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NICE recommends MabThera for non-Hodgkin's lymphoma

Published on 06/12/10 at 07:06am
Roche's MabThera

NICE has given a preliminary green-light to Roche’s MabThera for use as a maintenance therapy for non-Hodgkin’s lymphoma.

The Institute’s draft guidance recommends MabThera (rituximab) as a first-line maintenance treatment for certain patients with advanced follicular non-Hodgkin's lymphoma.

Professor Peter Littlejohns, clinical and public health director at NICE, said: “A maintenance treatment is used to stop a cancer from returning following initial chemotherapy. For follicular non-Hodgkin’s lymphoma, no such maintenance treatment has so far been available and therefore rituximab could be a valuable treatment option for patients with this type of cancer.

“The evidence highlighted that it could keep a patient's cancer in remission after they have had chemotherapy and therefore delay the need for further chemotherapy. This should mean that patients have fewer chemotherapy-associated side effects long-term and so improve their quality of life.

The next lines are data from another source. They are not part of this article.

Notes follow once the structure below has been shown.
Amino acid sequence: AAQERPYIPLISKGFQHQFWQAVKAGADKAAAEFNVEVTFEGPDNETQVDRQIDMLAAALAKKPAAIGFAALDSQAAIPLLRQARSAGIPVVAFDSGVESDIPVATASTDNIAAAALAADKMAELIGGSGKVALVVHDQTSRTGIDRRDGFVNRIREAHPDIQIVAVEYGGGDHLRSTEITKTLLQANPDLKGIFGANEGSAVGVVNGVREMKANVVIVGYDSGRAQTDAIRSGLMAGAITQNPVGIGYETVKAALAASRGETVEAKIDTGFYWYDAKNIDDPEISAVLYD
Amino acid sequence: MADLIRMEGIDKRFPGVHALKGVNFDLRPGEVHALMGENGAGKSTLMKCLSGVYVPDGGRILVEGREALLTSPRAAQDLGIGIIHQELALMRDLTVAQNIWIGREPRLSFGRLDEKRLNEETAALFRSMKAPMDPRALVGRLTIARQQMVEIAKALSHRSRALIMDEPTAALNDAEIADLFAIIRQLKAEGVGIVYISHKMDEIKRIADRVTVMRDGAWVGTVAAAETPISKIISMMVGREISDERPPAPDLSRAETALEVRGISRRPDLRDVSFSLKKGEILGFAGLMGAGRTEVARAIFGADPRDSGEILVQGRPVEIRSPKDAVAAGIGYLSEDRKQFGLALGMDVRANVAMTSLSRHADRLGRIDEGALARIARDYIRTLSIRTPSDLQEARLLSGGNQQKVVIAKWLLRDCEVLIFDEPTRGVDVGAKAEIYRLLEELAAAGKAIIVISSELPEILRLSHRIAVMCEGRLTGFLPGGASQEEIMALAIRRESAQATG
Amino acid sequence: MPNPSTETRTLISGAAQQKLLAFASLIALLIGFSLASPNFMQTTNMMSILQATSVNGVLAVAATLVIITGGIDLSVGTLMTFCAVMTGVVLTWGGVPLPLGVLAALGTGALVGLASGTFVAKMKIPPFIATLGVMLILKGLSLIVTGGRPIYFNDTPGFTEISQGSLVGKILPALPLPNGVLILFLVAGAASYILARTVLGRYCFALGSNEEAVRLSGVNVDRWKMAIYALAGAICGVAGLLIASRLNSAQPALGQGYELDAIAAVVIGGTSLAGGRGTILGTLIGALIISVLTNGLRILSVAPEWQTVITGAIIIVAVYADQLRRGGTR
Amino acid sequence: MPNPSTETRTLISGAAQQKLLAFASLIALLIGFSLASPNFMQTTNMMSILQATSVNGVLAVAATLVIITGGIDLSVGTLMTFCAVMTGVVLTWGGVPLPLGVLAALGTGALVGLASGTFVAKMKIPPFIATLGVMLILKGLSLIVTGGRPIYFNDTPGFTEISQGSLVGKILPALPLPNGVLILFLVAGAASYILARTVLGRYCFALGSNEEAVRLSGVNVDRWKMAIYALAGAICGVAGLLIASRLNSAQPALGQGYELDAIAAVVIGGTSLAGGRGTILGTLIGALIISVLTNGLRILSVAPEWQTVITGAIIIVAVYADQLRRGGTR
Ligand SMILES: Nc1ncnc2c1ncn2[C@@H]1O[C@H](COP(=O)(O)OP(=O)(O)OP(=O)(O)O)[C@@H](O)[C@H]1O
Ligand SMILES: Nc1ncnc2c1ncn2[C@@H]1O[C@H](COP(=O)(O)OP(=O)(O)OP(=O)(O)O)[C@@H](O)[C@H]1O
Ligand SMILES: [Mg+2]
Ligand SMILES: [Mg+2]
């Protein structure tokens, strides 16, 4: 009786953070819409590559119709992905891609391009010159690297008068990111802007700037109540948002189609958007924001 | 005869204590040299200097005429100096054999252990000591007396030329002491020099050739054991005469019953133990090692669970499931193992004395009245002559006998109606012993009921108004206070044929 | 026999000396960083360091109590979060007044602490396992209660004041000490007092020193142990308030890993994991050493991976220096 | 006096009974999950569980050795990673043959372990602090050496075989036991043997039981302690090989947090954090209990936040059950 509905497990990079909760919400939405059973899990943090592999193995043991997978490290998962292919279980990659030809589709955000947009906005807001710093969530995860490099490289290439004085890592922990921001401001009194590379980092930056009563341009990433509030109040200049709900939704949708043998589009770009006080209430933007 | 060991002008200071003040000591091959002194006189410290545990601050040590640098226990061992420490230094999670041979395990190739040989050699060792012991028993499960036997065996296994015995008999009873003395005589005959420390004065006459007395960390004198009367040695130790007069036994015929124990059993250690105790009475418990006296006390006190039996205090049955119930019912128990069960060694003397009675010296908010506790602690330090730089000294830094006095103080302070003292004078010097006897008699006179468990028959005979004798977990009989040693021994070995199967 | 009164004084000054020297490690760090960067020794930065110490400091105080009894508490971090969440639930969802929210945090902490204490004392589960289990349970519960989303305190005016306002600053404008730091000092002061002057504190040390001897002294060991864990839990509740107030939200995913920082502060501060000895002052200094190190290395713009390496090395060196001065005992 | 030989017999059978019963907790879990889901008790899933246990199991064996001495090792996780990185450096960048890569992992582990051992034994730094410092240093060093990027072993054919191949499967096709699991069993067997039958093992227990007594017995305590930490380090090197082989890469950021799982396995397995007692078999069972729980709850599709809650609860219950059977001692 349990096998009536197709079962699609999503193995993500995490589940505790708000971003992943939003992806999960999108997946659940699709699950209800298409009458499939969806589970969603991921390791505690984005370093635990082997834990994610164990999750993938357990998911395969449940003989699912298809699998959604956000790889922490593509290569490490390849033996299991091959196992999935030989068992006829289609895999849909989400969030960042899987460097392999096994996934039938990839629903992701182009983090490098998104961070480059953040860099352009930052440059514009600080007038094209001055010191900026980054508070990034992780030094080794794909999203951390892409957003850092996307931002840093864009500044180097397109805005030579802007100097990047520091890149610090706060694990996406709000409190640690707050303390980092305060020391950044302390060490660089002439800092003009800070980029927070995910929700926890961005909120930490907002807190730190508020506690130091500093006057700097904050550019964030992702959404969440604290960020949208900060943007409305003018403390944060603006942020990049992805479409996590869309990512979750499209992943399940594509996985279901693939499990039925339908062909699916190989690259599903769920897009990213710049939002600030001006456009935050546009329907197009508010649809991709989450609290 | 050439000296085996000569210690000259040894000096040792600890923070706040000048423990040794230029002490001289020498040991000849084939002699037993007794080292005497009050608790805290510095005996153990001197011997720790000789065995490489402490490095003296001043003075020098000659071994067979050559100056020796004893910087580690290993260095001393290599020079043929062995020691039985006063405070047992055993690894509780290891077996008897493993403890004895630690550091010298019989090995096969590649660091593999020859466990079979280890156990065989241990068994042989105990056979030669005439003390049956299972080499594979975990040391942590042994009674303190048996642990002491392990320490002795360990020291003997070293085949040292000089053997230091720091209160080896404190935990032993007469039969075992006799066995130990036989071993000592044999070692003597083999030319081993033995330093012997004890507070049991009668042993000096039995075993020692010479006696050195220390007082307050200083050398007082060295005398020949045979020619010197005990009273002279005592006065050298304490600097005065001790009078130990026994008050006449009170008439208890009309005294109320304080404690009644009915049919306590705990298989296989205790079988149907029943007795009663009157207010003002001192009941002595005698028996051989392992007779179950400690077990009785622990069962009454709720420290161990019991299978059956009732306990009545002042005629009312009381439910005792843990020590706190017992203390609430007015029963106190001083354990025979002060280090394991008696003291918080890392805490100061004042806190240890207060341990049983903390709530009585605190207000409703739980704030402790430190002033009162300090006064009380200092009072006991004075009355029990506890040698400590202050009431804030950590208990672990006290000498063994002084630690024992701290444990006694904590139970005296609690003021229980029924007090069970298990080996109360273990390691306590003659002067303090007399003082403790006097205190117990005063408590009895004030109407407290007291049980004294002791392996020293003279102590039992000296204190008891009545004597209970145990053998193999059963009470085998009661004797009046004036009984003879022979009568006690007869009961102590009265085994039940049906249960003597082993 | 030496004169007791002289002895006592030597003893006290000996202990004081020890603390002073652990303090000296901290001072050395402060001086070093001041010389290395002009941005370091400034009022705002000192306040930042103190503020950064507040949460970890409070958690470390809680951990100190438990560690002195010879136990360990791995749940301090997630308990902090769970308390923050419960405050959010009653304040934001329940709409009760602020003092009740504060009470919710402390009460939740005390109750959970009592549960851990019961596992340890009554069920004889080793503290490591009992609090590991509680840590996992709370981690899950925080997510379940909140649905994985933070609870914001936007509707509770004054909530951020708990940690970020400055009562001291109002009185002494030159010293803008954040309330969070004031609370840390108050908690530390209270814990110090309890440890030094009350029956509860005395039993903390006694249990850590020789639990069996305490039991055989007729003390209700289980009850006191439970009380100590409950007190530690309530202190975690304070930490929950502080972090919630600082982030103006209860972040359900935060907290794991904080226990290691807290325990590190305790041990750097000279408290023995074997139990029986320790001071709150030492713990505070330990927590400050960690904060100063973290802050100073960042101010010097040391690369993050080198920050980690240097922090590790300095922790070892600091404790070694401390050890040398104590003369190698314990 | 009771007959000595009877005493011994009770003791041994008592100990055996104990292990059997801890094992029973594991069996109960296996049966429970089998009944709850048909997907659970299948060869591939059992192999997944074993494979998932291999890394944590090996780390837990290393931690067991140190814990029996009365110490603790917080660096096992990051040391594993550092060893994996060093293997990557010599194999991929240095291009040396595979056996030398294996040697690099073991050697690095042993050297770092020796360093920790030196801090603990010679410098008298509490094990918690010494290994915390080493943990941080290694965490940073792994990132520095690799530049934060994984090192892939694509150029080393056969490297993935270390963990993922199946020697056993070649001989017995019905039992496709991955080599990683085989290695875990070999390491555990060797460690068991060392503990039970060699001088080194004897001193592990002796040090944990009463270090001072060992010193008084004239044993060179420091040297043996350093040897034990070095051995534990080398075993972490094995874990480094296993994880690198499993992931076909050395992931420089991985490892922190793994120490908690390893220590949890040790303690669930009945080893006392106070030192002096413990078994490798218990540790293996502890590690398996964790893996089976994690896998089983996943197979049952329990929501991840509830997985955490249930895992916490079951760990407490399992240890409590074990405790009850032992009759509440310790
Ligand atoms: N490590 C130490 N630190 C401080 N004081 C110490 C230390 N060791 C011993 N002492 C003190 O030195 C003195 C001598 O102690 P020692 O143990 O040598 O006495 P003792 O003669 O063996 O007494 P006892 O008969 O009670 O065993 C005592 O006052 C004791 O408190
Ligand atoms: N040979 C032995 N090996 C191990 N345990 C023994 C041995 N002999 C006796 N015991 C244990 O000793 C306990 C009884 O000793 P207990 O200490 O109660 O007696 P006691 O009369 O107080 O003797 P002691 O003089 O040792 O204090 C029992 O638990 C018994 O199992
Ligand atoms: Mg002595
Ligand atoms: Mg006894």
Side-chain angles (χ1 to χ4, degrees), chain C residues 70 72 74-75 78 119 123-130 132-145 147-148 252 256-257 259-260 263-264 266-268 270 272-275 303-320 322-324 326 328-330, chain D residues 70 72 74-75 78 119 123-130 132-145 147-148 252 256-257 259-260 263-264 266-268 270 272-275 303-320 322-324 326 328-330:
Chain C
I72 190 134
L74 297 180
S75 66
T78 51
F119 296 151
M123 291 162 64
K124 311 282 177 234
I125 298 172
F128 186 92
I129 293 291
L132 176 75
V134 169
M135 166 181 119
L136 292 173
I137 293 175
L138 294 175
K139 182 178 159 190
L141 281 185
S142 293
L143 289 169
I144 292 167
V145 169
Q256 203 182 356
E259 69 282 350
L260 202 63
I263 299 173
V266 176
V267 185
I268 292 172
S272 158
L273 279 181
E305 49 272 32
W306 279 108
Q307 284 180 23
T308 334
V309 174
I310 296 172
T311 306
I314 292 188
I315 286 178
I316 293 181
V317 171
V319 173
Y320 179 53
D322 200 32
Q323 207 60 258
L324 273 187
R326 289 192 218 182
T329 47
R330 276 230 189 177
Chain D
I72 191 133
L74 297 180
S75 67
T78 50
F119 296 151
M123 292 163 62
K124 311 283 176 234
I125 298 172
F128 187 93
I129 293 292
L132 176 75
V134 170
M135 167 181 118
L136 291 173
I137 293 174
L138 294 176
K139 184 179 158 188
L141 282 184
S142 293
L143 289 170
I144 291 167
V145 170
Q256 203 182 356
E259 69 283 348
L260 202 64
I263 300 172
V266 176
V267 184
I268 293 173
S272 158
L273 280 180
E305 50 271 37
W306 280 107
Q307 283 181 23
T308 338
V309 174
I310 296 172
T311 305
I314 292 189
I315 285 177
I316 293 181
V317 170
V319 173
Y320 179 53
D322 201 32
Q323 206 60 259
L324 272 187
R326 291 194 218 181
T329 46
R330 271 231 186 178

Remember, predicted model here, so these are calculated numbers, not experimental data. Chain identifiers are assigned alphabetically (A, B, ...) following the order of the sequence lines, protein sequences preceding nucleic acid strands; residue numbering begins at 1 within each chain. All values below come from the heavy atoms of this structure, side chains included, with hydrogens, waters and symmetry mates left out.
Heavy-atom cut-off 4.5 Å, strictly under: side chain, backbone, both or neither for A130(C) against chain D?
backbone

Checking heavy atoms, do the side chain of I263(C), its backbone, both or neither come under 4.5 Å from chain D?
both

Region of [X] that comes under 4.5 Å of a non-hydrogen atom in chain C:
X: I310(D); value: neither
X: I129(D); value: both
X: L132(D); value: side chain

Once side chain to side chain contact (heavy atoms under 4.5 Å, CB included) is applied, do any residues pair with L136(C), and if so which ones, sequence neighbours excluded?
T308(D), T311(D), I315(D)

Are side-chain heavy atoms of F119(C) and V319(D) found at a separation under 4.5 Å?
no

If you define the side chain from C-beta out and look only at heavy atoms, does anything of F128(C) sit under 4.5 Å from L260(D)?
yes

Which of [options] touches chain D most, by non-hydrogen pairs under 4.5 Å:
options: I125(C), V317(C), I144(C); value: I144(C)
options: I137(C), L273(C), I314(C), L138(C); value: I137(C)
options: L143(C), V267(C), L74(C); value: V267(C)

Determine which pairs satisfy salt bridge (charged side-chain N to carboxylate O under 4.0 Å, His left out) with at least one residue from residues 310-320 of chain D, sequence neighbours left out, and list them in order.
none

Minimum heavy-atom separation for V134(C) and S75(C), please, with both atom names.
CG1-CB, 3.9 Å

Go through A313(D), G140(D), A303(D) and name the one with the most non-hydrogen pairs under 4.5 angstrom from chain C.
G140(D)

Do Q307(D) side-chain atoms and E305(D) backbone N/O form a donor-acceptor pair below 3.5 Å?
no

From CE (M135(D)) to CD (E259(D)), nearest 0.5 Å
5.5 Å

“However, the evidence submitted by the manufacturer did include some uncertainties, mostly around the extent to which rituximab can extend a patient's life expectancy and the impact of this assumption on its cost-effectiveness.”

Littlejohns added that, while the committee felt that the drug is likely to be an appropriate use of NHS resources, it expected Roche to confirm this by providing further, more specific, information.

NICE said in a statement that it expects to receive this “in good time” for the data to be independently analysed ahead of a second committee meeting scheduled for February next year.

MabThera - known as Rituxan outside the EU - was approved by the FDA in February for chronic lymphocytic leukaemia (CLL), the most common form of adult blood cancer.

It is also indicated for rheumatoid arthritis patients and received the NICE thumbs up in August as a second line treatment for the autoimmune disease.

The blockbuster cancer treatment’s primary indication is for non-Hodgkin’s lymphoma and last year earned Roche $5.6 billion in revenues.

MabThera works by targeting a protein called CD-20 that is found on B-cell lymphocytes. The drug kills these cells while allowing normal white blood cells to grow and replace those destroyed.

NICE's preliminary guidance is now available for public consultation until 7 January 2011 - comments can be made via the NICE website.

Ben Adams

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